19. 19. Time Hierarchy as a Lattice <ul><li>Not all aggregation hierarchies are linear </li></ul><ul><ul><li>The time hierarchy is a lattice </li></ul></ul><ul><ul><ul><li>Weeks are not contained in months </li></ul></ul></ul><ul><ul><ul><li>We can roll up days into weeks or months, but we can only roll up weeks into quarters </li></ul></ul></ul>
  20. 20. Slicing-and-Dicing <ul><li>When we use WHERE to specify a particular value for an axis (or several axes), we are performing a slice </li></ul><ul><ul><li>Slicing the data cube in the Time dimension (choosing sales only in week 12) then pivoting to Product_id (aggregating over Market_id ) </li></ul></ul><ul><ul><li>SELECT S. Product_Id , SUM ( Sales_Amt ) </li></ul></ul><ul><ul><li>FROM Sales S, Time T </li></ul></ul><ul><ul><li>WHERE T. Time_Id = S. Time_Id AND T. Week = ‘Wk-12’ </li></ul></ul><ul><ul><li>GROUP BY S. Product_Id </li></ul></ul>Slice Pivot
  21. 21. Slicing-and-Dicing <ul><li>Typically slicing and dicing involves several queries to find the “right slice.” </li></ul><ul><li>For instance, change the slice and the axes: </li></ul><ul><ul><ul><li>Slicing on Time and Market dimensions then pivoting to Product_id and Week (in the time dimension) </li></ul></ul></ul><ul><ul><li>SELECT S. Product_Id , T. Quarter , SUM ( Sales_Amt ) </li></ul></ul><ul><ul><li>FROM Sales S, Time T </li></ul></ul><ul><ul><li>WHERE T. Time_Id = S. Time_Id </li></ul></ul><ul><ul><li>AND T .Quarter = 4 </li></ul></ul><ul><ul><li>AND S. Market_id = 12345 </li></ul></ul><ul><ul><li>GROUP BY S. Product_Id , T. Week </li></ul></ul>Slice Pivot
  22. 22. The CUBE Operator <ul><li>To construct the following table, would take 3 queries (next slide) </li></ul>Market_Id Product_Id … … … … Total … … 7000 7503 P4 … … 3 4503 P3 … … 2402 6003 P2 … … 1503 3003 P1 Total M3 M2 M1 SUM( Sales_Amt )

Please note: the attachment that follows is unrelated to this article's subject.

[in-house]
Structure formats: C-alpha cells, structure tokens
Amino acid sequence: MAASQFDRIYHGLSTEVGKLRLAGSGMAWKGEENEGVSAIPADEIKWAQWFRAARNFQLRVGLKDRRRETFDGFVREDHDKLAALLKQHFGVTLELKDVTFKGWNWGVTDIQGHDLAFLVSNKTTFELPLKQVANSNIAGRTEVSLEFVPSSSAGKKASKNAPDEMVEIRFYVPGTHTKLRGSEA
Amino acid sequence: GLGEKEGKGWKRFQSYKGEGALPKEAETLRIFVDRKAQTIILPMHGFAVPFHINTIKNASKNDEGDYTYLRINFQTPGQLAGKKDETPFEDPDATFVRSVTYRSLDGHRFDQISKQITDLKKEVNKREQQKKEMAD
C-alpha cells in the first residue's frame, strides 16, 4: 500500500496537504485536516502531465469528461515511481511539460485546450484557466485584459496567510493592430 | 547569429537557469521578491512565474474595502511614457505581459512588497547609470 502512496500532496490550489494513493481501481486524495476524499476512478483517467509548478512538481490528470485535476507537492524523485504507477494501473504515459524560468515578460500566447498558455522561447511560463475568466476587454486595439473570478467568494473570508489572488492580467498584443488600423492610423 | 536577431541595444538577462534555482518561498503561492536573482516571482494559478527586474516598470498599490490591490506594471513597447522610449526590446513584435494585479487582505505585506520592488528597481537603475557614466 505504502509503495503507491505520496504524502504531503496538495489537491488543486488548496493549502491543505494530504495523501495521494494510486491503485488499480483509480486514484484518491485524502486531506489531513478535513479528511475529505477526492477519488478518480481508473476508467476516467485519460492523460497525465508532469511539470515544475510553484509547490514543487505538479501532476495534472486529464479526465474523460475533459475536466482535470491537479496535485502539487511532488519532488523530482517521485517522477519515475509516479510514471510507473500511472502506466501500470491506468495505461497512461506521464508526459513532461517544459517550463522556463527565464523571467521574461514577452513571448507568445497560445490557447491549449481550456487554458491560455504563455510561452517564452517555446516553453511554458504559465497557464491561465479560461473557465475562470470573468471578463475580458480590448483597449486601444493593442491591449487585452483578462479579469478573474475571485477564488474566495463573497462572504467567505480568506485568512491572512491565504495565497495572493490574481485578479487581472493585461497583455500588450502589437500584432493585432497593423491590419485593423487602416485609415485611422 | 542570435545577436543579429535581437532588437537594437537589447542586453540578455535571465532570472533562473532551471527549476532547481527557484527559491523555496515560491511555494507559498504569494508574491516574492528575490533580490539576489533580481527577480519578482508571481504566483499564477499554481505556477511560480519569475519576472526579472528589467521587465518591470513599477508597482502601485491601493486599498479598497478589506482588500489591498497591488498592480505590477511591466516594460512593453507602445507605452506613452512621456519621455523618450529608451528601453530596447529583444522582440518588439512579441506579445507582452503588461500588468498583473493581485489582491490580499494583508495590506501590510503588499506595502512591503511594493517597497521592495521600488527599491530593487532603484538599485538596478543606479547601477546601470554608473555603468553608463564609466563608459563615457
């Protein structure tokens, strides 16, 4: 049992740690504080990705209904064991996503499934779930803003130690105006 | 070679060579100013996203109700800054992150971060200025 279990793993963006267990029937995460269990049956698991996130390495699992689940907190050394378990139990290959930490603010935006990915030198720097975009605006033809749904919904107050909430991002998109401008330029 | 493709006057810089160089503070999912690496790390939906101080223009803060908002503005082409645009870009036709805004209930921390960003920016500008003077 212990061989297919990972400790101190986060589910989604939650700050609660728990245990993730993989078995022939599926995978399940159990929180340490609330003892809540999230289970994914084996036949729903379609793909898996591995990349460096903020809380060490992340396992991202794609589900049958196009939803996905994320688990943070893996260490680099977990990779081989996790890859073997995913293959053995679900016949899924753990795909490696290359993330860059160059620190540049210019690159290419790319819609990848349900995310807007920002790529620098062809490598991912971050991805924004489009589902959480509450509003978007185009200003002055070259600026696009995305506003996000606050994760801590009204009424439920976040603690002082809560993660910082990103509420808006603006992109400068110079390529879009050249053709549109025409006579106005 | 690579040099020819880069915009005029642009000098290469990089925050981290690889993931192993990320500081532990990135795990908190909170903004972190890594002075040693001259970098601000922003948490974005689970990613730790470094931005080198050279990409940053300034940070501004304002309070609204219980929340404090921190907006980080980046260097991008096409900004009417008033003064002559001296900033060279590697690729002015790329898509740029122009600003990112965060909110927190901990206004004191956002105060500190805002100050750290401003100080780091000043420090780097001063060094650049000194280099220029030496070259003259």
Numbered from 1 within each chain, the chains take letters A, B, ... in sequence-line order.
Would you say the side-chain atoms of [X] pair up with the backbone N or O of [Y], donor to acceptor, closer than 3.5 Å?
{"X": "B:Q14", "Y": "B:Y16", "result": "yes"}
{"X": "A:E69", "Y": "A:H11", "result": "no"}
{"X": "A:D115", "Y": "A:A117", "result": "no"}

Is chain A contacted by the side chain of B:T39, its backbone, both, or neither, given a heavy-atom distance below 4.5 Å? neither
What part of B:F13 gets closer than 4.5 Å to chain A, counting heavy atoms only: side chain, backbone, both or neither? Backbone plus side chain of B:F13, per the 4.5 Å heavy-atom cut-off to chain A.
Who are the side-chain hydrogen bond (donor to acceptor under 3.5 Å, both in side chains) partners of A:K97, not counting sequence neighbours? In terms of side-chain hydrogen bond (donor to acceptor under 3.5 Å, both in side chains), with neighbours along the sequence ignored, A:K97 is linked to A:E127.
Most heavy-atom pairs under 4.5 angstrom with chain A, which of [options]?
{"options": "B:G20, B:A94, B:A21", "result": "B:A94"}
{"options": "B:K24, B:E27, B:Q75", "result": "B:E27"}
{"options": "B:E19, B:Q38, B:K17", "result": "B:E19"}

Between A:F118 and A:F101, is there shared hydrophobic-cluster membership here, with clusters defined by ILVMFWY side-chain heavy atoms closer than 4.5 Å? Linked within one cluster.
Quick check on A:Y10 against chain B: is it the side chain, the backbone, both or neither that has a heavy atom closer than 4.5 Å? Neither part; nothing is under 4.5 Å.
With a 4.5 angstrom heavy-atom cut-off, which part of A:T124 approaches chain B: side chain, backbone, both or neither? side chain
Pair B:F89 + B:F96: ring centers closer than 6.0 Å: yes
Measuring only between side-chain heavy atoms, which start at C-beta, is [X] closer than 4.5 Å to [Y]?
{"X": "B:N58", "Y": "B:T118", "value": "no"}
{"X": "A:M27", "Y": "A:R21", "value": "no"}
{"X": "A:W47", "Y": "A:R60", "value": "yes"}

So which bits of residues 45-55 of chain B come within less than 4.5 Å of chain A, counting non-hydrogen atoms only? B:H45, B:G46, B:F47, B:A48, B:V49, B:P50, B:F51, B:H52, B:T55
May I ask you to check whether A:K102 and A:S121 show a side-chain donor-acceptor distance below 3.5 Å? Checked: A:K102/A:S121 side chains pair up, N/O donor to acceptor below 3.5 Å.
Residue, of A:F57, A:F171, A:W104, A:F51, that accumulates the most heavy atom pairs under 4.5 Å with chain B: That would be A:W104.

23. 23. The Three Queries <ul><li>For the table entries, without the totals (aggregation on time) </li></ul><ul><ul><li>SELECT S. Market_Id , S. Product_Id , SUM (S. Sales_Amt ) </li></ul></ul><ul><ul><li>FROM Sales S </li></ul></ul><ul><ul><li>GROUP BY S.Market_Id, S.Product_Id </li></ul></ul><ul><li>For the row totals (aggregation on time and supermarkets) </li></ul><ul><ul><li>SELECT S. Product_Id , SUM (S. Sales_Amt ) </li></ul></ul><ul><ul><li>FROM Sales S </li></ul></ul><ul><ul><li>GROUP BY S. Product_Id </li></ul></ul><ul><li>For the column totals (aggregation on time and products) </li></ul><ul><ul><li>SELECT S. Market_Id , SUM (S. Sales ) </li></ul></ul><ul><ul><li>FROM Sales S </li></ul></ul><ul><ul><li>GROUP BY S. Market_Id </li></ul></ul>
  24. 24. Definition of the CUBE Operator <ul><li>Doing these three queries is wasteful </li></ul><ul><ul><li>The first does much of the work of the other two: if we could save that result and aggregate over Market_Id and Product_Id , we could compute the other queries more efficiently </li></ul></ul><ul><li>The CUBE clause is part of SQL:1999 </li></ul><ul><ul><li>GROUP BY CUBE (v1, v2, …, vn) </li></ul></ul><ul><ul><li>Equivalent to a collection of GROUP BY s, one for each of the 2 n subsets of v1, v2, …, vn </li></ul></ul>
  25. 25. Example of CUBE Operator <ul><li>The following query returns all the information needed to make the previous products/markets table: </li></ul><ul><li>SELECT S. Market_Id , S. Product_Id , SUM (S. Sales_Amt ) </li></ul><ul><li>FROM Sales S </li></ul><ul><li>GROUP BY CUBE (S. Market_Id , S. Product_Id ) </li></ul>
  26. 26. ROLLUP <ul><li>ROLLUP is similar to CUBE except that instead of aggregating over all subsets of the arguments, it creates subsets moving from right to left </li></ul><ul><li>GROUP BY ROLLUP (A 1 ,A 2 ,…,A n ) is a series of these aggregations: </li></ul><ul><ul><li>GROUP BY A 1 ,…, A n-1 ,A n </li></ul></ul><ul><ul><li>GROUP BY A 1 ,…, A n-1 </li></ul></ul><ul><ul><li>… … … </li></ul></ul><ul><ul><li>GROUP BY A 1 , A 2 </li></ul></ul><ul><ul><li>GROUP BY A 1 </li></ul></ul><ul><ul><li>No GROUP BY </li></ul></ul><ul><li>ROLLUP is also in SQL:1999 </li></ul>